When may the chair vote?
Theoretically, the presiding officer has the same voting privileges as other members. In practice, the chair voting by voice or show of hands conflicts with the chair’s responsibility to be impartial. Robert’s recognizes the right of the chair to vote in larger assemblies, but suggests that the chair exercise voting rights only when a vote is by ballot (4:56) or “when the vote would affect the outcome” (4:56). As a result, a chair can break a tie by voting in FAVOR of a motion (causing it to be adopted) OR can create a tie by voting AGAINST a motion (causing it to be lost). The principle also works in reverse: when the vote is a tie or a motion is adopted by one vote, the chair affects the result by choosing not to vote. If the vote is a tie, the chair in effect votes against the motion by declining to vote in favor. If a motion is adopted by one vote, the chair in effect votes against the motion by declining to vote in favor. If the motion is adopted by one vote, the chair in effect votes for the motion by declining to vote against.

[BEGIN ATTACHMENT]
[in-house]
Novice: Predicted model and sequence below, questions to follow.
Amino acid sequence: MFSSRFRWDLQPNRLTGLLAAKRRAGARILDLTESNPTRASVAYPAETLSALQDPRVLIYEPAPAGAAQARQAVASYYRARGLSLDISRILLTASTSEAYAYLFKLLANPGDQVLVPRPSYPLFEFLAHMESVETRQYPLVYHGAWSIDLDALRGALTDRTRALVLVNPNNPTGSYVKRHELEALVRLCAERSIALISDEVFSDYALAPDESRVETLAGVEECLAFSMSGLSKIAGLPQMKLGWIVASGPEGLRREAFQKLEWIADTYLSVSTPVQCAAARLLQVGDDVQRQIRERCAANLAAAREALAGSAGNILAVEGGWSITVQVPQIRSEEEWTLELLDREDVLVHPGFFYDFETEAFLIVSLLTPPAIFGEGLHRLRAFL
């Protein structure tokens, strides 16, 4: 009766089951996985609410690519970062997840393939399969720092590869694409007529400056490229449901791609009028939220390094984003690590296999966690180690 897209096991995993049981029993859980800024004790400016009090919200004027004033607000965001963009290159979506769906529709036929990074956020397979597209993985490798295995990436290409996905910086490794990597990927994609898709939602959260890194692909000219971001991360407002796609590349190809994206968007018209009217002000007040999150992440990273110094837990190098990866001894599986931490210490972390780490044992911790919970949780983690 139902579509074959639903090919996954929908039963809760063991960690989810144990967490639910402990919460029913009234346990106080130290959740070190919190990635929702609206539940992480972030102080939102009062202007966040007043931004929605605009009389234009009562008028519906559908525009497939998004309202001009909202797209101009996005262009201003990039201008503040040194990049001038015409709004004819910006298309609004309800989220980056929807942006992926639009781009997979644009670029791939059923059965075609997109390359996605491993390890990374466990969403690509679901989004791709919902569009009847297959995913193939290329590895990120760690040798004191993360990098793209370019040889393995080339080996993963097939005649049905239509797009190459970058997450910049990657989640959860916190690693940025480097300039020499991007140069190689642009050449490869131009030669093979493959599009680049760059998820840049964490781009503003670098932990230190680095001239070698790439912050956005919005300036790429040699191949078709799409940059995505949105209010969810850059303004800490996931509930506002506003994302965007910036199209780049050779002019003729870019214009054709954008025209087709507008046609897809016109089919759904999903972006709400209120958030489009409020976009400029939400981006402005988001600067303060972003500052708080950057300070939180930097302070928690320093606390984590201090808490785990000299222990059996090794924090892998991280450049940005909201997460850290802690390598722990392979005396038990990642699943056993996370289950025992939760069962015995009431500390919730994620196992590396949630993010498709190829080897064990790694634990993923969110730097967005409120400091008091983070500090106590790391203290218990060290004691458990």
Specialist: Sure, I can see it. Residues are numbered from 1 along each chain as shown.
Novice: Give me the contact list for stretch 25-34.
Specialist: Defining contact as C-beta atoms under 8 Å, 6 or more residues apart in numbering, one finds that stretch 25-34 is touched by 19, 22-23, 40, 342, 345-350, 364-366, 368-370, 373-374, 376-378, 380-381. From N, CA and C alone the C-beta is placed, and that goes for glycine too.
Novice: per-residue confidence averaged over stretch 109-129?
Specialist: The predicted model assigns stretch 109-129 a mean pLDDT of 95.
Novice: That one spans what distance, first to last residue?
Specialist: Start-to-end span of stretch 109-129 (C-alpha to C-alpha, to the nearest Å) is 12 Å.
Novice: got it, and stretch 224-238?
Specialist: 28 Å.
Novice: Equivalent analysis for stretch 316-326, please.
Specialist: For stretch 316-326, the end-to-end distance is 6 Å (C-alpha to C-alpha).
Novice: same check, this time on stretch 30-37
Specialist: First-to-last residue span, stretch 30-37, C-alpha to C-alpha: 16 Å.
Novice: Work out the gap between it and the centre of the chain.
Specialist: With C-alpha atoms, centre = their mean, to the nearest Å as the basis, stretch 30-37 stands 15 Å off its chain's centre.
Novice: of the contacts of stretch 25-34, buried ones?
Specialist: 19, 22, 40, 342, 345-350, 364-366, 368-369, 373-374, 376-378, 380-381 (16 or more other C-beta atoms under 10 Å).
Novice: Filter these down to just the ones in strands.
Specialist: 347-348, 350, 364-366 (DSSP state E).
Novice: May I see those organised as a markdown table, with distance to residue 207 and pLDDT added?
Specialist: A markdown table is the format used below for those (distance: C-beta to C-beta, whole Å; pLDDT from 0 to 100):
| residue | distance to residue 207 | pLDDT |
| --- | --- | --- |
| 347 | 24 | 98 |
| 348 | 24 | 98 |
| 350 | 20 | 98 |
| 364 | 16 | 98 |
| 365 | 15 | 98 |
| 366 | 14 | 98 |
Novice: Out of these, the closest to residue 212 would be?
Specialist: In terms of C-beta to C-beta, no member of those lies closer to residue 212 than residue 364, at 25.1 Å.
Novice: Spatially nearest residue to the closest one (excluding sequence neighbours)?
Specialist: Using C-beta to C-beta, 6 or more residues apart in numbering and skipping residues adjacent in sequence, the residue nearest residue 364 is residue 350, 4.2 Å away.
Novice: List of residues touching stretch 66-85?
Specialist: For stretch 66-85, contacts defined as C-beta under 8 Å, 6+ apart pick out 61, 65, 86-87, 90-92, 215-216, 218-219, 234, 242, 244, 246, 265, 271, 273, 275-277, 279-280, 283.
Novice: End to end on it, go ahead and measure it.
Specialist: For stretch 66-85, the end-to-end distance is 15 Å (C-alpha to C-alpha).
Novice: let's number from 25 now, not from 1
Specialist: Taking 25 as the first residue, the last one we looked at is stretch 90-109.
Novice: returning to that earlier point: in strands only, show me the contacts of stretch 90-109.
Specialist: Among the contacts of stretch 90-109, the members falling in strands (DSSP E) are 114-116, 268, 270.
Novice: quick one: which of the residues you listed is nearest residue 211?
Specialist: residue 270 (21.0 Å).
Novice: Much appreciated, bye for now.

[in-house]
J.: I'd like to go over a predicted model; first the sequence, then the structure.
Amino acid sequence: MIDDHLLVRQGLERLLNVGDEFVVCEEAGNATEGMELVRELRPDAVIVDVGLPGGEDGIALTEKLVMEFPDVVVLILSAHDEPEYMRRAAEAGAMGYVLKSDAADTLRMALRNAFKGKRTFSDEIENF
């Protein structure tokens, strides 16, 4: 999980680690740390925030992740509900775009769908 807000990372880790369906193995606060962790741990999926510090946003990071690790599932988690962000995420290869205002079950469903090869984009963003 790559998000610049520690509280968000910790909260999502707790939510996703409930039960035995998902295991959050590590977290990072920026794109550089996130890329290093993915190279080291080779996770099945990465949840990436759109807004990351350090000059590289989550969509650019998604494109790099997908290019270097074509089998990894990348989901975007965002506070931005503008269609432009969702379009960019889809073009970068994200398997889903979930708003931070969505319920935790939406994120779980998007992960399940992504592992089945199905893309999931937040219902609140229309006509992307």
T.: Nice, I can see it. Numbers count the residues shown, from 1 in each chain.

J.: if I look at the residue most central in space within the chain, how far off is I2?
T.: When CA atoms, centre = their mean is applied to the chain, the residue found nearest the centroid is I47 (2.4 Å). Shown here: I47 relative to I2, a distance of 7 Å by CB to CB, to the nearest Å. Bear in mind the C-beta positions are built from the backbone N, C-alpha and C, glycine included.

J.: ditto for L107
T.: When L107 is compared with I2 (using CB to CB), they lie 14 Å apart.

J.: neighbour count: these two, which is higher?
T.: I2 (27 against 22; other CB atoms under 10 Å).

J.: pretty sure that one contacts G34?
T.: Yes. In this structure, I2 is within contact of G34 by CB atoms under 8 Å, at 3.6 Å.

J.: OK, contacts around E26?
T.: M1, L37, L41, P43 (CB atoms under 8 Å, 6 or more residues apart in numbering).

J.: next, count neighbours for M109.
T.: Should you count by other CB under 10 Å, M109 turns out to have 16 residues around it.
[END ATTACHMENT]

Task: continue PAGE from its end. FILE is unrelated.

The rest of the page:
The statement is sometimes heard that a chair can “only vote to break a tie,” which is wrong. The phrase break a tie should be replaced with affect the outcome. The same principle applies to decisions requiring a two-thirds vote.Notes and Comments on Robert’s Rules, Fifth Edition, p. 159-160.